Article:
Elizabeth Vitanza has gone all-in on Christmas decorating this year.
Along with setting up an inherited artificial tree, Vitanza ordered a second one by mail, which cost about $120 and arrived shortly before Thanksgiving. Then on a whim, she stopped at a lot near her home in Glendale, California, spending around $85 on a third tree.
“I’m grateful to be able to indulge in this celebration of Christmas decorating that reminds me of my childhood – it makes me feel cozy and happy to be home,” Vitanza, 41, says.
Vitanza isn’t alone. Americans are heading in droves to Christmas tree lots and cut-your-own farms this year as the coronavirus pandemic forces them to cancel their usual travel plans. Stuck at home, they’re focusing their holiday spirit on home decorating – with some buying trees for the first time, while others, like Vitanza, are filling homes with multiple trees.
Not surprisingly, tree prices are higher. The median price for fresh trees is expected to rise 7% to $81, according to Bloomberg News.
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Tree prices have been on the rise for a number of years, says Doug Hundley, a spokesman for the National Christmas Tree Association. That’s due to decisions made a decade ago following the Great Recession when a glut of trees and depressed demand prompted farmers to plant fewer trees – which take about 8 to 10 years to reach maturity.
Christmas trees sold out?
Some lots are reporting that they are already sold out, although Hundley says people should be able to find a tree, even if certain sizes and varieties – such as 12-foot noble firs – might become harder to find. Some tree farms said their inventory is narrowing, with Hampton Falls, New Hampshire-based Tonry Tree Farms noting its selection is now limited to trees under 6 feet after a busy start to the season.
Still, sales data for the Christmas tree season won’t be available until after the holidays, Hundley says. For the past several years, tree prices have risen about 2% to 3% a year, he says.
The rising cost of supplies – such as lumber and other farm necessities – prompted Williston, Vermont-based tree farmer Mike Isham to boost his tree prices this year. He’s charging $50 for a 6- to 8-foot tree, an increase of $5 from last year.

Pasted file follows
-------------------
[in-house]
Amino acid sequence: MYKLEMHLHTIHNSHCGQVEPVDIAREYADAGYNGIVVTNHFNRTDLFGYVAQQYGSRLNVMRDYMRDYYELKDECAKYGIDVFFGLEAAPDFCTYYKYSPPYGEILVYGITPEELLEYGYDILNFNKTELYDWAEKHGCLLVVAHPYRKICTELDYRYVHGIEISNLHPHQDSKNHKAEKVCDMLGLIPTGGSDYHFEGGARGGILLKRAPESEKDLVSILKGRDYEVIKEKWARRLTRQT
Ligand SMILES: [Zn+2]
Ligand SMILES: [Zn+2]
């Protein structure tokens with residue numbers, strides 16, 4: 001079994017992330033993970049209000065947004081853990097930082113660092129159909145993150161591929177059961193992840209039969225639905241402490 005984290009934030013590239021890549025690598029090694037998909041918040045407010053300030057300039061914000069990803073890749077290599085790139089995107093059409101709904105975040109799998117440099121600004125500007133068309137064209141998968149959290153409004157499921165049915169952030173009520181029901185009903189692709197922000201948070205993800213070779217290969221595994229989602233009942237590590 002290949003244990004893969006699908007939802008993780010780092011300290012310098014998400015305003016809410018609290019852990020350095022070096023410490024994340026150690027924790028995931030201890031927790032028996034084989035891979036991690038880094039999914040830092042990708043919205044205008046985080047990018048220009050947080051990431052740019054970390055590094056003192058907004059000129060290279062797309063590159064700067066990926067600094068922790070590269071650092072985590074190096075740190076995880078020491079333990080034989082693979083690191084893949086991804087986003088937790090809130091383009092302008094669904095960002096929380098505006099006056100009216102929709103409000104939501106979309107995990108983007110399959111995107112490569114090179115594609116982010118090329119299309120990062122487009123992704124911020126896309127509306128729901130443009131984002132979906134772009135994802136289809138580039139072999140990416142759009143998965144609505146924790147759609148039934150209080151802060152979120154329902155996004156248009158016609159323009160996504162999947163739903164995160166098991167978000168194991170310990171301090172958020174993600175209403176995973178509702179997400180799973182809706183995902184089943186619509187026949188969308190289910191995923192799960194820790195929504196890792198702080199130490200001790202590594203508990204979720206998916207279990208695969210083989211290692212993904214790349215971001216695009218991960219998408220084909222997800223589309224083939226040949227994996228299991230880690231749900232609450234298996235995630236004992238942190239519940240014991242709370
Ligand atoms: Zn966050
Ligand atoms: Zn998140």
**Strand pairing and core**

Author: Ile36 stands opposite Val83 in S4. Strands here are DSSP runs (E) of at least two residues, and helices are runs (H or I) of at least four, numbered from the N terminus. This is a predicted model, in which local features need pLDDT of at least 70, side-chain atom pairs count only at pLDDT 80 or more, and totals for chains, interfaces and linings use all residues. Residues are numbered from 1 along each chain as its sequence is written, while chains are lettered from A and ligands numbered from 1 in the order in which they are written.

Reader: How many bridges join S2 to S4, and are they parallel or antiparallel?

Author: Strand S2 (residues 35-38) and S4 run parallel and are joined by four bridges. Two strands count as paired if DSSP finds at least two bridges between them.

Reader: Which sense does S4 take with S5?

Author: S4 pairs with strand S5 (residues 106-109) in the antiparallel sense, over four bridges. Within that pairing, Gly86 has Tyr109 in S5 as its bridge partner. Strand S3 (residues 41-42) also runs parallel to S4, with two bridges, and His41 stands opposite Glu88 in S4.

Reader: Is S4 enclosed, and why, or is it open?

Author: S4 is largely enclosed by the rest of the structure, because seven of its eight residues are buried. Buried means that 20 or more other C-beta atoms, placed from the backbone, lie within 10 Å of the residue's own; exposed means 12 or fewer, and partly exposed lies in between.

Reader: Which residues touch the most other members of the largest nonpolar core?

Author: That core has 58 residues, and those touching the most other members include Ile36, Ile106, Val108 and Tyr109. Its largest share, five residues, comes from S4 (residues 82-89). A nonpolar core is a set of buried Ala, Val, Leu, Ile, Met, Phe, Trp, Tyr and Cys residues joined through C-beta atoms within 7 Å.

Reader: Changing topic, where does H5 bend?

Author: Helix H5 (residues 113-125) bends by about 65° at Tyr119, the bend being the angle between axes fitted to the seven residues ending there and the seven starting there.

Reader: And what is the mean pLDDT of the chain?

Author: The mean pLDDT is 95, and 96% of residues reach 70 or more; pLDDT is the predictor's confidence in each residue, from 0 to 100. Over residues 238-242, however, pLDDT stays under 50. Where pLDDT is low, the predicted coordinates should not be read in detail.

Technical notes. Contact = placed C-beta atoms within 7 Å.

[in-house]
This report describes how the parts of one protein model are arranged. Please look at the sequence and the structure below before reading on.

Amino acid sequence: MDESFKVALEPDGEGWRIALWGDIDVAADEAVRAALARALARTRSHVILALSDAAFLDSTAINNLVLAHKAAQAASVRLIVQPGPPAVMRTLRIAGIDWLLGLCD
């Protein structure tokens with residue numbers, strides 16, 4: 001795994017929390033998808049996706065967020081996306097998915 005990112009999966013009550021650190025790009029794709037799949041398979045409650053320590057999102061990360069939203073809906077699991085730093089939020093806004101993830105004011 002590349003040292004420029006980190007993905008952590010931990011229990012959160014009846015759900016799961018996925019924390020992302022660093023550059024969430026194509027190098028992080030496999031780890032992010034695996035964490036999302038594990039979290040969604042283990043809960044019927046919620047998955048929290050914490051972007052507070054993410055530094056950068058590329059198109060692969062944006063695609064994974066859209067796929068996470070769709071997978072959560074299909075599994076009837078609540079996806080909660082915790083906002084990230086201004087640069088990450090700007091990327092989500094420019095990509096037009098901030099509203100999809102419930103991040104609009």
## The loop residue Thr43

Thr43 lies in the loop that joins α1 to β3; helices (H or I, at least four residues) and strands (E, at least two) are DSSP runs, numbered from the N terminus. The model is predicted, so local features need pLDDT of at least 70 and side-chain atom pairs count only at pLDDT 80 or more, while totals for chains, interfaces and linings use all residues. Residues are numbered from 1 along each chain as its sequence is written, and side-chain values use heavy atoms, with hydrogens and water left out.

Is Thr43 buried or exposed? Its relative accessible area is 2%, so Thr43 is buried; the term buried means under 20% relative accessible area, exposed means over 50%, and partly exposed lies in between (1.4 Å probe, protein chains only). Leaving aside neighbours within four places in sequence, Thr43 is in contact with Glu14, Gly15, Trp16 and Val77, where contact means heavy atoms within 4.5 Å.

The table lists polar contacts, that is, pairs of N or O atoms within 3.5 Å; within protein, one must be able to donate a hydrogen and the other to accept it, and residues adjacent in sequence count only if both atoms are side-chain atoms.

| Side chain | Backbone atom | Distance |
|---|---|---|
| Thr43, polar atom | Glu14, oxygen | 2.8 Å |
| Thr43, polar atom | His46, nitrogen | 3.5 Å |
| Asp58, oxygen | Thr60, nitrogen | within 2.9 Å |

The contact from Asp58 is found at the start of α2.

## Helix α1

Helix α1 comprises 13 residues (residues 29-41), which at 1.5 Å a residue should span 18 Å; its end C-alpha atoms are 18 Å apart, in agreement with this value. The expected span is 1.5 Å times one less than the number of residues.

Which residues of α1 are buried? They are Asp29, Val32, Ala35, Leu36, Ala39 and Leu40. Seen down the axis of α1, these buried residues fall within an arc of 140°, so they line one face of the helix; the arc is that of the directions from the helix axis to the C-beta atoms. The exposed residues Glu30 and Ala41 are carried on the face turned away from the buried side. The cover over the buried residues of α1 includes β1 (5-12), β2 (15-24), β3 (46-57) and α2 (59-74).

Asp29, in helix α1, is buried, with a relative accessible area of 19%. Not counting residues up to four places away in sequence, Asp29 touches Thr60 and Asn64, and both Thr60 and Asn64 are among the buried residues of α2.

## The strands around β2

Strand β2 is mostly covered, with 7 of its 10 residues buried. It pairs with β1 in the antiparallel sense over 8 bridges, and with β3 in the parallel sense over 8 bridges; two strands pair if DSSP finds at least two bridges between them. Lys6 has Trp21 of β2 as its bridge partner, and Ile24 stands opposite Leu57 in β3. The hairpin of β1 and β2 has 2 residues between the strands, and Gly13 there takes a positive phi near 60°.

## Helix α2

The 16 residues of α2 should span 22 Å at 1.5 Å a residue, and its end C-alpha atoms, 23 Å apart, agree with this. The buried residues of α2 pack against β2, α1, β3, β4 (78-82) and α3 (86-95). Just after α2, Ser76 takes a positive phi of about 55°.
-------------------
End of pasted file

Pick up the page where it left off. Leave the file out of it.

“This past weekend was the best two-day weekend our tree farm has ever had,” says Isham, 60, referring to the December 5-6 weekend. “We were busier Saturday than Sunday, yet Sunday still went all day from start to finish.”
Buying their first tree
Some of that business is driven by people buying a tree for the first time, like Elinor Nissley of Los Angeles.
“This is the first year I’m not having Christmas with one of my parents,” Nissley, 49, says, noting that her father is in assisted living and isn’t allowed visitors, while her mother passed away last year. With no travel plans, she added, “We felt like it would be nice to be able to be festive at home.”
Nissley, an architect, spent $45 on a 4-foot high table-top tree at a lot near her home. She visited the lot on a weekday to avoid crowds. Even so, she says, there were “plenty of people there.”
Outdoor activity during COVID-19
Part of the surge in Christmas tree purchases may be the appeal of staying outdoors to avoid COVID-19 risks from indoor activities, experts say. The National Christmas Tree Association developed protocols for COVID-19 safety, such as encouraging its tree farmers to use touchless payment systems.
Tree shoppers, the association’s Hundley says, “are looking for that outdoor, that environmental experience.”.
This article originally appeared on USA TODAY: Christmas trees: Prices, demand rise as decorating expands amid COVID